Unless you and your ex signed a thorough prenuptial agreement or set terms for a postnuptial agreement due to marital issues, it is nearly impossible to predict the exact outcome of a divorce. Although there is a legal standard that exists for property division in Texas, much of the standard is interpretive and gives authority and discretion to the judges to use as they see fit based on the details of the situation.
If you don’t have a written agreement with your former spouse about how you want to split up your possessions if you divorce, it is nearly impossible to predict who will get what and how much of which asset you have the right to retain. However, informing yourself about the community property standard for asset division in Texas can help you understand how the courts will make decisions regarding your possessions.
Community property means sharing assets
When you get married, you and your spouse become a legal unit who share in one another’s financial successes, as well as in each other’s debts. In most cases, the assets and debts you have from before your marriage will remain your separate property when you get married, unless you commingle or share accounts with your spouse.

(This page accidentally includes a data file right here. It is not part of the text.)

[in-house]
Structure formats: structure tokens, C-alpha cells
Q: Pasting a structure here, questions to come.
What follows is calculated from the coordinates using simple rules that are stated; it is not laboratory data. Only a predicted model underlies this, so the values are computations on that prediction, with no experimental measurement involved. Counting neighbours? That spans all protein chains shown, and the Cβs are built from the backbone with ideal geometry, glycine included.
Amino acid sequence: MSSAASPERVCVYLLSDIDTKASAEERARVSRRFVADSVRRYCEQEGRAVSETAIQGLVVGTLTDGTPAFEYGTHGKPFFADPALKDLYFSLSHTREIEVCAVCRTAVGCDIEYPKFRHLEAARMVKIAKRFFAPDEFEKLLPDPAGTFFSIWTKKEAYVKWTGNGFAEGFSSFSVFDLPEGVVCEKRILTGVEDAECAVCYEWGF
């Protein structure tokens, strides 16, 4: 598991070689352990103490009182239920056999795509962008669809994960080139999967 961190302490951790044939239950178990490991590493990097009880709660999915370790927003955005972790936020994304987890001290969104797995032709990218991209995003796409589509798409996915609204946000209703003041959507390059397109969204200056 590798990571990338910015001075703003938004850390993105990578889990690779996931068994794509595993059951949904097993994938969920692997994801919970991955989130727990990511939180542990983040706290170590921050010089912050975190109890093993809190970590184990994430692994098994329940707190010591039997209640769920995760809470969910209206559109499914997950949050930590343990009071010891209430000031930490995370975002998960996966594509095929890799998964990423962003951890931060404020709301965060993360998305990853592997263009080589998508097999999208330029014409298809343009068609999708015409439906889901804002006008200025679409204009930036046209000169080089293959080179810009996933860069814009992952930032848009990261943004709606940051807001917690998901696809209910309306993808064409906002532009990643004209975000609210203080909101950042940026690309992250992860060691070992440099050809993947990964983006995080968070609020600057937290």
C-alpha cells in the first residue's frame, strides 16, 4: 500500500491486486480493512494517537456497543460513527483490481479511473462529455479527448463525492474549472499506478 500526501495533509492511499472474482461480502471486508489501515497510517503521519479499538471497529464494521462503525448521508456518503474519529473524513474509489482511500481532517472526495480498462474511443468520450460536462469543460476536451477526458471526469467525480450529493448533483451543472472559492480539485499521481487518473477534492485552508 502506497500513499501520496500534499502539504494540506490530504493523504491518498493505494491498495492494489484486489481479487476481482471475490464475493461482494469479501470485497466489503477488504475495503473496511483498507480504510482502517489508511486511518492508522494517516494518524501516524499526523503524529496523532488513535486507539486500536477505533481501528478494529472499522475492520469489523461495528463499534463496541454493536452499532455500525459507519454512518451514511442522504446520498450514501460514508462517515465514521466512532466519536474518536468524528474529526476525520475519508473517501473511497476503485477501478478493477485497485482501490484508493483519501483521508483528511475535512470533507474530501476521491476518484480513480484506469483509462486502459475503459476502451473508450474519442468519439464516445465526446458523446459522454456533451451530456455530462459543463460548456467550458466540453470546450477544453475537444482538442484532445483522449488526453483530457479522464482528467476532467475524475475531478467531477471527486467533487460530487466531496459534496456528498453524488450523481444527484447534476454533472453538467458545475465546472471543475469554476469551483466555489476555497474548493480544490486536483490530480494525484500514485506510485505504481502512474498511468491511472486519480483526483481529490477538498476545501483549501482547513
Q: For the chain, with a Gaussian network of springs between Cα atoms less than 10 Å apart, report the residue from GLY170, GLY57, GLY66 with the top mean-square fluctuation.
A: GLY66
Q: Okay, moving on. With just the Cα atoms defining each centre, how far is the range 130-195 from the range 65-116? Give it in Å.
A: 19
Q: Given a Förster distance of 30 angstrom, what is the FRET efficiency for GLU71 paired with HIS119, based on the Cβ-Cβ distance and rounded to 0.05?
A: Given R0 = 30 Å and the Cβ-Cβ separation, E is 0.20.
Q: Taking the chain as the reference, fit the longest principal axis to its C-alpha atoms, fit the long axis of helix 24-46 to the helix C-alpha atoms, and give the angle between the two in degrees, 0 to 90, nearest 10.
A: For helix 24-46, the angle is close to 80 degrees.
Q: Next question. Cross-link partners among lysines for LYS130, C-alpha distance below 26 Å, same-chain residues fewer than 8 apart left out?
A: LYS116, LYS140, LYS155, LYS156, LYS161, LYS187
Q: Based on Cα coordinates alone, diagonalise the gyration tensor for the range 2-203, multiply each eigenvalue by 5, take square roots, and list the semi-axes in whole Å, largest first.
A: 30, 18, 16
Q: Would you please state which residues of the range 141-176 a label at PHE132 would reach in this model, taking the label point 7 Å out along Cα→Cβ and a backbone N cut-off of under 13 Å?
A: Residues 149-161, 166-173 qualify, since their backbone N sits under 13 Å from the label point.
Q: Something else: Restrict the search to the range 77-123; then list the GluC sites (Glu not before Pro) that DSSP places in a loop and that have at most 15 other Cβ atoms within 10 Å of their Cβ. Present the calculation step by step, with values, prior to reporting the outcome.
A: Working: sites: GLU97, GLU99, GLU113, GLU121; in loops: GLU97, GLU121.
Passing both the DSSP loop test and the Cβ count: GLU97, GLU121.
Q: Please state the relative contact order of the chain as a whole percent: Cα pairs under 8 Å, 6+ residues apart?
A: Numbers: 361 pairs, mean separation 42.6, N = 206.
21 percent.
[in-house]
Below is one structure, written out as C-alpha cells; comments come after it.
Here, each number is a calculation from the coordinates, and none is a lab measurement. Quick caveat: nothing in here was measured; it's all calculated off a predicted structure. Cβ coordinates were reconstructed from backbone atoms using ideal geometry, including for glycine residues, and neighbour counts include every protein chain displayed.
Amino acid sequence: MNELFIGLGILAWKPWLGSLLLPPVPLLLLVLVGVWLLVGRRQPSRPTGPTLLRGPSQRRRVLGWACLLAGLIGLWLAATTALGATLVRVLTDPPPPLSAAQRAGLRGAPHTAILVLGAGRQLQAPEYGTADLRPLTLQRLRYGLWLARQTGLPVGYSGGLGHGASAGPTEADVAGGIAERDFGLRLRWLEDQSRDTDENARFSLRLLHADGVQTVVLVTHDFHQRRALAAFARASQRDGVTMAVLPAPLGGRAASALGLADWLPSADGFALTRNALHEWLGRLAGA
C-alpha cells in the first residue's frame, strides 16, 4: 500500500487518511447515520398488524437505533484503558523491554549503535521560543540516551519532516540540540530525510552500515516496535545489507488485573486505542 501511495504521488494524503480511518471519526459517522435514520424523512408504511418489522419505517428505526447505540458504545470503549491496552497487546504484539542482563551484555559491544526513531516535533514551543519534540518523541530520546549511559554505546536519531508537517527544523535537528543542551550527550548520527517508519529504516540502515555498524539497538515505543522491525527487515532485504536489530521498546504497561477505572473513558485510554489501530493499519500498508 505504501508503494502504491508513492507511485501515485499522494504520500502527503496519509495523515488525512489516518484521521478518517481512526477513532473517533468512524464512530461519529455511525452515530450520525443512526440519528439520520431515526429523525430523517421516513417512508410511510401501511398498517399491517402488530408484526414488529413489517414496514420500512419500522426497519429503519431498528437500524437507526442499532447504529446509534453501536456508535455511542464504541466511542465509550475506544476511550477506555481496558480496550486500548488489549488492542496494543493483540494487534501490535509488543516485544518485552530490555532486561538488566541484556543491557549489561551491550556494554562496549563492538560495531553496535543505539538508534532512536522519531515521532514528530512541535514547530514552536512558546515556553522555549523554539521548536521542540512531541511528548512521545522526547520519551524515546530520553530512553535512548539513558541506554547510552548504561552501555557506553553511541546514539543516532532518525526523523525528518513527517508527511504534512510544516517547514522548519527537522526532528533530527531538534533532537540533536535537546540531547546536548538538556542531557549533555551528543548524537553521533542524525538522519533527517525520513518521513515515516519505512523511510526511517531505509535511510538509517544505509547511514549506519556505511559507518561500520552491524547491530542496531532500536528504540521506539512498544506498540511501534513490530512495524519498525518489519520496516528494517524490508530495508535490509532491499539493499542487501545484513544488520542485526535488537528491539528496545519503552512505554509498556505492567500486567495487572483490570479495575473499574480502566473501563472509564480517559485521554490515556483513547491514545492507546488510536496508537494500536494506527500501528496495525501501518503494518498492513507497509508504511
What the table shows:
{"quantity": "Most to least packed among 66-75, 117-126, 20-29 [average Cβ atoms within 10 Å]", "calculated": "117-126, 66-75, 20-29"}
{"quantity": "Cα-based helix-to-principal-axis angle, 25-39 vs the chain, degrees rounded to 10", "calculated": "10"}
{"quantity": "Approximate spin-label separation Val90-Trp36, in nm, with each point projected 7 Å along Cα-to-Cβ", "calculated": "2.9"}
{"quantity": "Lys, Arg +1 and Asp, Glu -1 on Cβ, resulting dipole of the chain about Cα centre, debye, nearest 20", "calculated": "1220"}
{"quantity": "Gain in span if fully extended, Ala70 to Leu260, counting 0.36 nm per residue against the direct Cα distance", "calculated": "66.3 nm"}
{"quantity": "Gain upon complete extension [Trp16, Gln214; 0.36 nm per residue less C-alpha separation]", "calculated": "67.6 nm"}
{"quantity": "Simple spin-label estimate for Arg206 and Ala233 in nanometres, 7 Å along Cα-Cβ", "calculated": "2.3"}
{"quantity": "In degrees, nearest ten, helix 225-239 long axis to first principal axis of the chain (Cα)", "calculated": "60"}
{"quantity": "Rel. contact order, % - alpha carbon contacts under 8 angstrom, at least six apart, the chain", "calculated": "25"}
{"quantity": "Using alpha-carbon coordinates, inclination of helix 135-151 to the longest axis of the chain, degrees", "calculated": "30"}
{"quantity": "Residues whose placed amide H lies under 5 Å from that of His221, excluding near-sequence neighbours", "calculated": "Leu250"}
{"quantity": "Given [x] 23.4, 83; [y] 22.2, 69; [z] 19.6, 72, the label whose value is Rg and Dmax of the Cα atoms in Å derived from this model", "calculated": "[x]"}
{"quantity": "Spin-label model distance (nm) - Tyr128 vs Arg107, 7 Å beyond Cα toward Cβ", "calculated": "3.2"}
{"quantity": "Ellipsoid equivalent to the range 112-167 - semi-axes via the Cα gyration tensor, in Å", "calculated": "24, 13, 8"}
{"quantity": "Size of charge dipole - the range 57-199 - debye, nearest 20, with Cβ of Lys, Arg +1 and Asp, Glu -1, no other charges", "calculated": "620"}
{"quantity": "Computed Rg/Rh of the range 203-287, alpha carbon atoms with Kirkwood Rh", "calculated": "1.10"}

The income you earn and the assets you acquire during your marriage, however, are typically considered community property by the courts, which means that both of you have an ownership interest in those possessions. Regardless of how much an individual spouse earned or whose name is on a specific account, the date when you acquired an asset or earned that income will have more impact on how the courts view it than the name of the spouse to open the account.
The goal of community property division is a fair outcome
The courts have the legal authority to divide your community property in a way that is fair to both of you. Typically, the courts will look at a variety of factors, including the current income and earning potential of both spouses, custody arrangements for the children, any special medical needs that the parent or children have, and other important factors, such as the length of the marriage.
Many people incorrectly assume that marital wrongdoing, such as infidelity, will play a role in how the courts divide assets. However, the courts do not consider marital misconduct when determining how to split up your possessions. Unless you have a prenuptial agreement that outlines penalties for an unfaithful spouse, the courts will not usually consider infidelity when splitting up your possessions.
Understanding the community property approach is critical to determining how to represent your situation in court. The right documentation and evidence can help you obtain a better and fairer outcome to the asset division process of your Texas divorce.